The head of the Office for Students has said that universities must balance equality laws while upholding free speech duties.
Lapworth made the comments in a commentary ahead of the OfS annual review, which was published on Thursday. The OfS is the independent regulator of higher education in England.
“In our view, it would not be sufficient for a university’s free speech code only to deal with the organisation of meetings and speaking events. In our view, a free speech code should go a lot further than that,” the OfS wrote in a briefing paper (pdf).
“We consider that such a code should provide a broader framework for ensuring free speech at the university or college. This means that we would expect a university’s free speech code to include broader statements about free speech and academic freedom, and to extend to activities such as teaching and curriculum content,” it added.
‘Curtail Free Speech’
Universities also have a legal duty under the Equality Act 2010 to protect characteristics including age, disability, religion, sex, gender reassignment, and sexual orientation.
However, in recent years legitimate debate and academic freedom on campus have been dampened, such as with the treatment of female academics like Kathleen Stock who reject and speak out against radical transgender ideology.
“Universities and colleges should ensure that their equality policies and processes do not misrepresent the scope and meaning of the different protected characteristics, and that they properly consider all the characteristics that may be relevant in a particular situation,” said the OfS.
It added that universities and colleges “should ensure that any consideration of harassment within their policies and processes reflects the correct legal definition. Policies and processes that define ‘harassment’ too broadly, and so conflate what may be lawful speech with harassment, may act to curtail free speech.”
In the Higher Education (Freedom of Speech) Bill, which is currently going through Parliament, the government has proposed new duties on universities, colleges, and their students’ unions, and an enhanced role for the OfS in promoting free speech.
This means that institutions would be required to take steps to promote free speech within the law, rather just to secure it.
“Universities have important legal obligations relating to freedom of speech and academic freedom within the law, including obligations that relate to their policies and processes,” Lapworth told The Epoch Times in an email.
“I hope that 2023 will be the year when those looking at our sector will see university leaders proactively focusing on their compliance with these obligations,” she said.
She added that “this cannot be achieved without careful consideration of potentially competing legal rights and obligations, such as the framework of protection against unlawful discrimination and harassment set out in the Equality Act 2010.”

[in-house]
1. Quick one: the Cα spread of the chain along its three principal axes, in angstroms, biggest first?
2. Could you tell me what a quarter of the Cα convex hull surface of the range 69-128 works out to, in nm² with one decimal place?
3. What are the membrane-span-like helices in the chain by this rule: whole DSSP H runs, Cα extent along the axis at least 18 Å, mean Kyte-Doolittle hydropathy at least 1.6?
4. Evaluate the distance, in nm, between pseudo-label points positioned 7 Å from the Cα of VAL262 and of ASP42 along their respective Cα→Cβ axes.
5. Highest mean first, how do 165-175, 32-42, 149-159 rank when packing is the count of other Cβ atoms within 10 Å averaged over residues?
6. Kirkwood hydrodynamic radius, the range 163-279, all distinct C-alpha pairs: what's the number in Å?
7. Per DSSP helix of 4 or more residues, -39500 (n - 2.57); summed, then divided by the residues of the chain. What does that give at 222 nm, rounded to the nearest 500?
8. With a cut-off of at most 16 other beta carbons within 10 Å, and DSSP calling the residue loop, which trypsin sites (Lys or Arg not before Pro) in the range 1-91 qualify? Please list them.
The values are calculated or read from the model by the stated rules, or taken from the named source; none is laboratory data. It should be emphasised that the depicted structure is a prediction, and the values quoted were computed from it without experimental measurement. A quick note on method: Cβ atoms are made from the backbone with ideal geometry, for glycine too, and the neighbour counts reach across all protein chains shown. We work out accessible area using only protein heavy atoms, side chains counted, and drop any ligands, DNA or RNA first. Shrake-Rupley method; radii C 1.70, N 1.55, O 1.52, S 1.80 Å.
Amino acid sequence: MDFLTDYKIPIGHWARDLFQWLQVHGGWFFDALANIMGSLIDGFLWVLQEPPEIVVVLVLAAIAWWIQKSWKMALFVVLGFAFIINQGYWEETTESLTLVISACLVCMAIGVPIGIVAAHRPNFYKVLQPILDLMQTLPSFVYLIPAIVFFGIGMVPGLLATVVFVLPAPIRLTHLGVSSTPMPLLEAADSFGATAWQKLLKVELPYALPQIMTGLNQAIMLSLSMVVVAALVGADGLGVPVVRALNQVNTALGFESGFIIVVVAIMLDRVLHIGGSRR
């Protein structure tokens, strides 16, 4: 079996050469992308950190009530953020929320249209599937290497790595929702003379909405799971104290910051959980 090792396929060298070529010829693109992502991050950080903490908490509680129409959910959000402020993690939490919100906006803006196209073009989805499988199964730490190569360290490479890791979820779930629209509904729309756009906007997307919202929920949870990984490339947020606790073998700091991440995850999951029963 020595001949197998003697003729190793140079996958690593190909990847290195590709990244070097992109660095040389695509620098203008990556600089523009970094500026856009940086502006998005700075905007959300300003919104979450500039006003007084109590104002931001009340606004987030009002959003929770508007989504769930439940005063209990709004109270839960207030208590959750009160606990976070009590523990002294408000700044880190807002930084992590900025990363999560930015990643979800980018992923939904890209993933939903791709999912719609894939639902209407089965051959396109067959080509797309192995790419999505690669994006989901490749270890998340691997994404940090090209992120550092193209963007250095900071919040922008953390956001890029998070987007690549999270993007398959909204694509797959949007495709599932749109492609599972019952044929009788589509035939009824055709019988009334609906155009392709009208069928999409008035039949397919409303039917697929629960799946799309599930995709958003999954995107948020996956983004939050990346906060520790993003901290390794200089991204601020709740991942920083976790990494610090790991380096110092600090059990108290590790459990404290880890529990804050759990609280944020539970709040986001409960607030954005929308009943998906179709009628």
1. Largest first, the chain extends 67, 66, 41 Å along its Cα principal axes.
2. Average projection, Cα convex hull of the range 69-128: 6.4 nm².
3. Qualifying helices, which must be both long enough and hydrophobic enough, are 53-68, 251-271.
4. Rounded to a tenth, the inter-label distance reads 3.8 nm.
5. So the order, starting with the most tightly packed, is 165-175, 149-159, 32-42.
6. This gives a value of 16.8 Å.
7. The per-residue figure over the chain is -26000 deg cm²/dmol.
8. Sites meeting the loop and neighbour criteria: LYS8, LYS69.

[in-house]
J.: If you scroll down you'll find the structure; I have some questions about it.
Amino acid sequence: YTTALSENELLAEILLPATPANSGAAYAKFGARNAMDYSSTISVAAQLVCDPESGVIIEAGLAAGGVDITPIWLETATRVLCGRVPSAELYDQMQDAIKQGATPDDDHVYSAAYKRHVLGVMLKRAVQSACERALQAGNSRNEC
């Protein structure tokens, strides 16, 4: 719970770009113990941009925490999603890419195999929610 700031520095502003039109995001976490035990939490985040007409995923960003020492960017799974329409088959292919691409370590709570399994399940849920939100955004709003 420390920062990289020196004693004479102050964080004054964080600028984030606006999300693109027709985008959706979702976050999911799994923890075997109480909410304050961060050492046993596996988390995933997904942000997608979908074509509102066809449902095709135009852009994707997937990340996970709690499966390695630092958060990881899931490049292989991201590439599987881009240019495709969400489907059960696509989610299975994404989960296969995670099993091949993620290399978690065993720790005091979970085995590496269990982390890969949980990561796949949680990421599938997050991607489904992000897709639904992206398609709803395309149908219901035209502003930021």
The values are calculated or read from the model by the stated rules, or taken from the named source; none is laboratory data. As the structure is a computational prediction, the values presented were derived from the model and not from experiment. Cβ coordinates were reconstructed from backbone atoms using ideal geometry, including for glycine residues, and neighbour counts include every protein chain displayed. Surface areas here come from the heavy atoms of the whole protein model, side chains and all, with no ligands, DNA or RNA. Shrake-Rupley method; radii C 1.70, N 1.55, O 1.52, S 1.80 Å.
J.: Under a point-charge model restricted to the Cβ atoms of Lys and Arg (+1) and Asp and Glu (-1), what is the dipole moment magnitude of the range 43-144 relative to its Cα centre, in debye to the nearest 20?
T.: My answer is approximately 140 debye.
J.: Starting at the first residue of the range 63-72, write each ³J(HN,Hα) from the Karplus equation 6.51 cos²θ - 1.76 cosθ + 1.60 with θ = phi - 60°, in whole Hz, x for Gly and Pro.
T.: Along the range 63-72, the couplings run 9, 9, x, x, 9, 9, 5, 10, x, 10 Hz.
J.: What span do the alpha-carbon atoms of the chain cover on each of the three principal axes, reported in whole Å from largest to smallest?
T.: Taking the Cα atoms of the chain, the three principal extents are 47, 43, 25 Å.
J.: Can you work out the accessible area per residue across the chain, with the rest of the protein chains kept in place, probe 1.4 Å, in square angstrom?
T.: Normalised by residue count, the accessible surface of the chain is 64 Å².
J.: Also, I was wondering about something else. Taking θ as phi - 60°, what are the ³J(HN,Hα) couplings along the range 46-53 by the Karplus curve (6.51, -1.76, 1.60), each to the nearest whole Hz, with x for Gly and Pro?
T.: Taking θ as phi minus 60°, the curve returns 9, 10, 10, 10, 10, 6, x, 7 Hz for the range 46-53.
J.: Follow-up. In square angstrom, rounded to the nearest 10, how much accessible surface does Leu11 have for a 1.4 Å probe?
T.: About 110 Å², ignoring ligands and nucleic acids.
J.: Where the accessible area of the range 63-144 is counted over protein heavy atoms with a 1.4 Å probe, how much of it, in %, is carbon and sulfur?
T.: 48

The OfS cited Policy Exchange’s 2019 and 2020 publications, both entitled “Academic Freedom in the UK,” which revealed concerning levels of self-censorship among academics.
It added that the latest update from the Academic Freedom Index project stated that the country is experiencing “increasing limitations of academic freedom.”
‘It Would Be a Wake-Up Call for Them’
Professor Dennis Hayes, president of Academics for Academics Freedom (AFAF), told The Epoch Times in an email that it welcomed “the statement of intent” by the OfS, but “they need to do more to defend free speech.”
On Wednesday, trans activists forced the cancellation of a showing of the documentary “Adult Human Female,” which looks at the clash between women’s rights and gender ideology, at the University of Edinburgh.
“The aggressive and vicious attacks that made a film screening, organised by Edinburgh AFAF, of ‘Adult Human Female’ impossible last night show how censorious the current climate is in universities,” said Hayes.
He said that the OfS “need to do more than remind universities of their duties.”
“Vice-chancellors are too complacent and do not recognise that there is a free speech crisis. The OfS should demand that universities evidence, with concrete examples, that they are actively promoting free speech. At a minimum, a public annual report should be required,” he said, claiming that the watchdog “lives in a bureaucratic vacuum.”
“Reading their free speech briefing paper, published today, you would never know that there are many campaign groups defending free speech on campus because universities are failing in their duties. They need to look at the work of AFAF, the Free Speech Union, Counterweight, Free Speech Champions, [and] Alumni For Free Speech; it would be a wake-up call for them,” he said.
In response to Lapworth’s comments on upholding freedom of speech, Russell Group Head of Policy Hollie Chandler was cautious of decisions based on “partial analysis,” “inflammatory stories,” and “some media reports.”
The Russell Group represents 24 leading UK universities.
“Given the importance of free speech, it is right that we keep protections under review,” she said.
“But regulatory action needs to be taken on the basis of accurate data rather than partial analysis or inflammatory stories. Contrary to some media reports, the overwhelming majority of events featuring controversial speakers go ahead successfully. As the OfS takes on additional free speech responsibilities, its independence and ability to make impartial judgements will be critical to ensure students, staff, and the sector more broadly have confidence in its approach.”